or “Overcoming an obsession with a result”
Some of you on Facebook know that Erik and I ran a marathon last year—almost exactly a year ago (Sept. 11, 2010). It was a great blessing and a thrill to be able to complete the 26 mile race, which was a goal we had set together and prepared for for over 8 months. But I must be honest in relating that I started to get anxiety that spring as I worried whether or not I’d be able to complete the goal since there were so many things that could go wrong during our training—in terms of injuries. I remember thinking that the outcome was outside my control, which made me really nervous, anxious, and almost hesitant to invest in all the effort if I couldn’t be promised the outcome. Has that ever happened to you? The cold-feet of a control-freak?
Fortunately, an idea came to mind that became a saving grace for my continued commitment to my goal. It was this: I had set goals in ninth grade seminary—including the lofty, challenging “Graduate from high school with a 4.0”–but I had not experienced anxiety then. What was the difference? I realized that when I’d set those earlier goals, I had expected I could do it. I was counting on success. I hadn’t immediately worried, ‘Oh, there’re a thousand things that could prevent me from getting my 4.0–I could get sick, I could get in a car wreck and have to miss class for a long time, etc.’ Perhaps I was simply naïve, but my confidence carried me forward with enthusiasm and commitment toward my goal. When this thought occurred to me last spring, I realized its applicability to the current situation. ‘I should just plan for success with this marathon, moving forward in the positive energy that it’s going to happen, and not allow myself to be anxious.’
Not long after that, I came across an online article written by a marathon professional—a trainer—which again challenged my marathon anxiety. The author mentioned how, so often, people put all of their focus on the day of the race—the marathon itself. She wanted to remind people, she said, that the great benefit of a marathon is not actually the day of stuff, because the long-distance race actually puts a tremendous amount of strain and stress upon the body. The real benefit of running a marathon is all the necessary preparatory training at shorter distances in the months preceding it. It’s what builds up the heart and the lung capacity—the stamina. People with a regular regimen of vigorous walking can be just as healthy as marathon runners, she asserted. The regular, moderate cardio training is what provides the long-term benefits, not the race itself. Reading these comments was inspiring. My training alone was what mattered most! What an important point to help me stop worrying about my personal outcome in the actual marathon. It inspired me to start telling myself, ‘I am engaged in marathon training. I am a marathon trainer <wink, wink>,’ and to lose concern over the results of the race.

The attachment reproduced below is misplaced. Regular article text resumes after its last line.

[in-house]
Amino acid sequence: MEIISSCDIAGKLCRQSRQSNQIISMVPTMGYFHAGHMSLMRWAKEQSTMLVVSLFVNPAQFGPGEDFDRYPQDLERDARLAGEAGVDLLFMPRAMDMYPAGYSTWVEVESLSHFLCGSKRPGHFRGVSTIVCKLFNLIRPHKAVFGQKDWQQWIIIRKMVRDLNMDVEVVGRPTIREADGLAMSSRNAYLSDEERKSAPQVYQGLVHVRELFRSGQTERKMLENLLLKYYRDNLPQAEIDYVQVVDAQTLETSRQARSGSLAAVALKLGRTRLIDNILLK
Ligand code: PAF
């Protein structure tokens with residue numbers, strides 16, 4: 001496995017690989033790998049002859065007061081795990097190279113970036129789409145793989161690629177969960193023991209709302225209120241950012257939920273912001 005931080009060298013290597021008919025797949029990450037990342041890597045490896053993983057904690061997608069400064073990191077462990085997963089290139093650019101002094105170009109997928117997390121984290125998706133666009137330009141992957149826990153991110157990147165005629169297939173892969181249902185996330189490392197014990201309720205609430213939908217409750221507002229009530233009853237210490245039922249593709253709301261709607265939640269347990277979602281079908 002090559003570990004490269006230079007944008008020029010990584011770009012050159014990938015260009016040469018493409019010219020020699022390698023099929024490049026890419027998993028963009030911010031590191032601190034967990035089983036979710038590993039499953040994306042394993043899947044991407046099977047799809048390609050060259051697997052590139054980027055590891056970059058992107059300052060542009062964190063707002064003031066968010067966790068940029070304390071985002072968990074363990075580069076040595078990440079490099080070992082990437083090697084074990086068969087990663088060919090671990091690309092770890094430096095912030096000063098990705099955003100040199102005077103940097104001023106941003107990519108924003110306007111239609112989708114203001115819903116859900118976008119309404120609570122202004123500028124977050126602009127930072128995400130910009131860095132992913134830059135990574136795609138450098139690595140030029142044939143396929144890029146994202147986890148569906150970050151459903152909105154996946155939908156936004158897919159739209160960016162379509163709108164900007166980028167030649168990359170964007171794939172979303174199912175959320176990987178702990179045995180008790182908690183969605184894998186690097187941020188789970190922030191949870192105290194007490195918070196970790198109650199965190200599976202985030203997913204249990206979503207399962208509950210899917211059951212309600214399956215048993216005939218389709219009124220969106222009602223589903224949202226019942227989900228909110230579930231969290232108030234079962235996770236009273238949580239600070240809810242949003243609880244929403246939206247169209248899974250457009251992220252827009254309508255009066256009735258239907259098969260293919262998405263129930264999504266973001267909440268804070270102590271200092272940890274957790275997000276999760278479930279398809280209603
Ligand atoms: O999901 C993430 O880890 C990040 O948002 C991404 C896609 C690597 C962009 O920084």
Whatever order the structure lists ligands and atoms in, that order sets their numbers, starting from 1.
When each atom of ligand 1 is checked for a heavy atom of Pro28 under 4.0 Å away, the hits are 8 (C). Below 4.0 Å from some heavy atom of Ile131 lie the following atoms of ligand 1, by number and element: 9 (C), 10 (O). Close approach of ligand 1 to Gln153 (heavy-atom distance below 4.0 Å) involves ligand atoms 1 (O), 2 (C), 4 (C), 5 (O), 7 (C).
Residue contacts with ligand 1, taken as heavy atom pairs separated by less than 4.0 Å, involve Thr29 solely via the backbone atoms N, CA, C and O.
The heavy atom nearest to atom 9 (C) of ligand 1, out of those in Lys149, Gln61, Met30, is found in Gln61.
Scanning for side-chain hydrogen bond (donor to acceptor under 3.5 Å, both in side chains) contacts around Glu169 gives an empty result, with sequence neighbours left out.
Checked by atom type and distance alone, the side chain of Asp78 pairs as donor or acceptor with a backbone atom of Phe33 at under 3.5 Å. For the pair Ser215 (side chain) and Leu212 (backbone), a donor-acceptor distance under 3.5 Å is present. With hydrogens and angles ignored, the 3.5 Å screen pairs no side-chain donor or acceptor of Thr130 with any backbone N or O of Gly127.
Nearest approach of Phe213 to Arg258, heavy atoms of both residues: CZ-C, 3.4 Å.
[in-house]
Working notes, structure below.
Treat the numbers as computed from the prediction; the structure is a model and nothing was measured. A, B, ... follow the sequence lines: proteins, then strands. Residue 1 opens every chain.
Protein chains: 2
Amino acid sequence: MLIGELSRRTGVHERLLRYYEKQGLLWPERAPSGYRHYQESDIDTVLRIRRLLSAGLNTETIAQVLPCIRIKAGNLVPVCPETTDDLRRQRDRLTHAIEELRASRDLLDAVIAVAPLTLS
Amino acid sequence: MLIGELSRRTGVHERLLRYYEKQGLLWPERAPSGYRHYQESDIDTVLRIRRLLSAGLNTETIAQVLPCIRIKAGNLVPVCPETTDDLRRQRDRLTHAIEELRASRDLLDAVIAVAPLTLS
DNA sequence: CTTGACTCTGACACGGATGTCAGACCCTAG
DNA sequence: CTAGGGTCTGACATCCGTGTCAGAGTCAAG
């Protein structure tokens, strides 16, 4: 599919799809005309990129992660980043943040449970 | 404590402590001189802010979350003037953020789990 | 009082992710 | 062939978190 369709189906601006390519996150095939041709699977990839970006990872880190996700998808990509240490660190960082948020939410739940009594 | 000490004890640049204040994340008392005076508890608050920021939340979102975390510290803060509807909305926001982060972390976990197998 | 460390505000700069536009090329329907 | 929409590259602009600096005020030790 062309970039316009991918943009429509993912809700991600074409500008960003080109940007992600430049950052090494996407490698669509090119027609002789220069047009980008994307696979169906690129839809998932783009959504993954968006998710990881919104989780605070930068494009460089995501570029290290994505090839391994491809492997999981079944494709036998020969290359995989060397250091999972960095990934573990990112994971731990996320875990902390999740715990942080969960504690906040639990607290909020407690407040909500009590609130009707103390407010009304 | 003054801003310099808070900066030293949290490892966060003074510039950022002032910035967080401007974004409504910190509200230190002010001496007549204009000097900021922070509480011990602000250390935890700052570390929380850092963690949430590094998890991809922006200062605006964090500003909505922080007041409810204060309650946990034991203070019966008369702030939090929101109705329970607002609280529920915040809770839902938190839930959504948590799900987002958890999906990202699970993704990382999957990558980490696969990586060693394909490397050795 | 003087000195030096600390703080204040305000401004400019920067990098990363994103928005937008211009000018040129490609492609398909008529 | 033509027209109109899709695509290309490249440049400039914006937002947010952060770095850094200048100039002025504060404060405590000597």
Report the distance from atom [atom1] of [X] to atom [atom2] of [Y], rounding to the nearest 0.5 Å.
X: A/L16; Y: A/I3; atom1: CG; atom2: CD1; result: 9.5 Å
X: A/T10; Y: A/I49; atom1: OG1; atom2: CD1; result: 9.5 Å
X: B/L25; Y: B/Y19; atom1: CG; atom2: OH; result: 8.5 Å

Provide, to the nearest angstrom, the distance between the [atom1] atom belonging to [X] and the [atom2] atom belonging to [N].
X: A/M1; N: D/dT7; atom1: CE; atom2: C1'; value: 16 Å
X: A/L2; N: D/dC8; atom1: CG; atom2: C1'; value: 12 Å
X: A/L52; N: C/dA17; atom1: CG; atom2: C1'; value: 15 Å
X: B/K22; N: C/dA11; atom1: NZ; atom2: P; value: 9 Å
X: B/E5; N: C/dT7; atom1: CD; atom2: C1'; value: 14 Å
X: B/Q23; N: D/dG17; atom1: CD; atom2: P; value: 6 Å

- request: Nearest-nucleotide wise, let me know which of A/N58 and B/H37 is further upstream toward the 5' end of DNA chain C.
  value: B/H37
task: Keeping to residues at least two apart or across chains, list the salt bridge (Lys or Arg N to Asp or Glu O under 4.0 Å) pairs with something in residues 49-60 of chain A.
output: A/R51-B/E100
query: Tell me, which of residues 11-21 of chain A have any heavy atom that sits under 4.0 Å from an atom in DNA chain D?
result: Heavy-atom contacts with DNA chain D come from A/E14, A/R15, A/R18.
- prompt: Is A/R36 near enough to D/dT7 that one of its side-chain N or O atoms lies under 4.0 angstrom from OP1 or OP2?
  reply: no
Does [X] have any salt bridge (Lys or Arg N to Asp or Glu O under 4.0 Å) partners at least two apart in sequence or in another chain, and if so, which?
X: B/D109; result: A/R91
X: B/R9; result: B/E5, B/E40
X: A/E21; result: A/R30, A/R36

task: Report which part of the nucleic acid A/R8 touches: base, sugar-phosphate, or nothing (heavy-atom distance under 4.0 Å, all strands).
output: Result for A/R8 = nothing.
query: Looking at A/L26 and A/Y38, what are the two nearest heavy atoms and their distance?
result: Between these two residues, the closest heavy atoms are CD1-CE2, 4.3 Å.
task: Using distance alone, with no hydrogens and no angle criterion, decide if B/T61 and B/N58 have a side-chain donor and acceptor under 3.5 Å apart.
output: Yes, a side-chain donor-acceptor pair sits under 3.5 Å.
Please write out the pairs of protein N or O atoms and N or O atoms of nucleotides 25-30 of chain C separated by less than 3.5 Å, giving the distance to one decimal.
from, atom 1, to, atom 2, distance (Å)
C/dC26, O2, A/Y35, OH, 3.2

As I started getting closer to the actual marathon, I told Erik, “I’d like to re-state my goal. Rather than have it be ‘Run a marathon,’ I want it to say ‘Run in a marathon.’ Finishing the race would be nice, but I don’t want my goal to hinge on that. I have trained for, prepared for, and will actually run in a marathon. That’s what counts.” He smiled at my semantic games, but understood where they were coming from.
The night before the race, I had a hard time falling asleep. The paper thin walls of the Price hotel we were staying in did not dampen the noise of the noisy teens next door—darn it—but I imagine they were not the only cause of my insomnia. I’m not cognizant of all the reasons for it, but I’m guessing the idea of going 26 miles was a bit daunting. Would I be able to do it? We’d never run that far before (the marathon training schedule we’d been using limited the longest preparatory run to 22 miles, to avoid strain), so I knew I didn’t know what those last miles would be like. Maybe the unknown is what scared me, more than a fear of failure. Not sure.
Well, we both were able to finish the race. What a thrill! The last 3 miles were extremely painful for me, however, when the tendons on the sides of my knees began throbbing and sobbing, “Overload! Overload!” Not. Fun. But, fortunately, it wasn’t so bad that I had to stop. My training had given me sufficient stamina to finish. Hurrah!
I wanted to blog about this incident because I think that we, as perfectionists, too often obsess over outcomes. I guess, if I think about it honestly, that is the definition of perfectionism: being unsatisfied with anything less than the ideal [a measurable outcome state]. When we have an ideal—a desired goal, an expectation—we measure ourselves against it. Even if we acknowledge that the ideal is something we can work toward, we feel anxiety about the uncertainty of our reaching it. Placing emphasis on the end result rather than the learning/training process can truly thwart us—as it almost did me last spring. It’s an unhealthy way to evaluate and experience life—making us ungrateful for all that is good in our lives, and overwhelmed by the pressure to be more.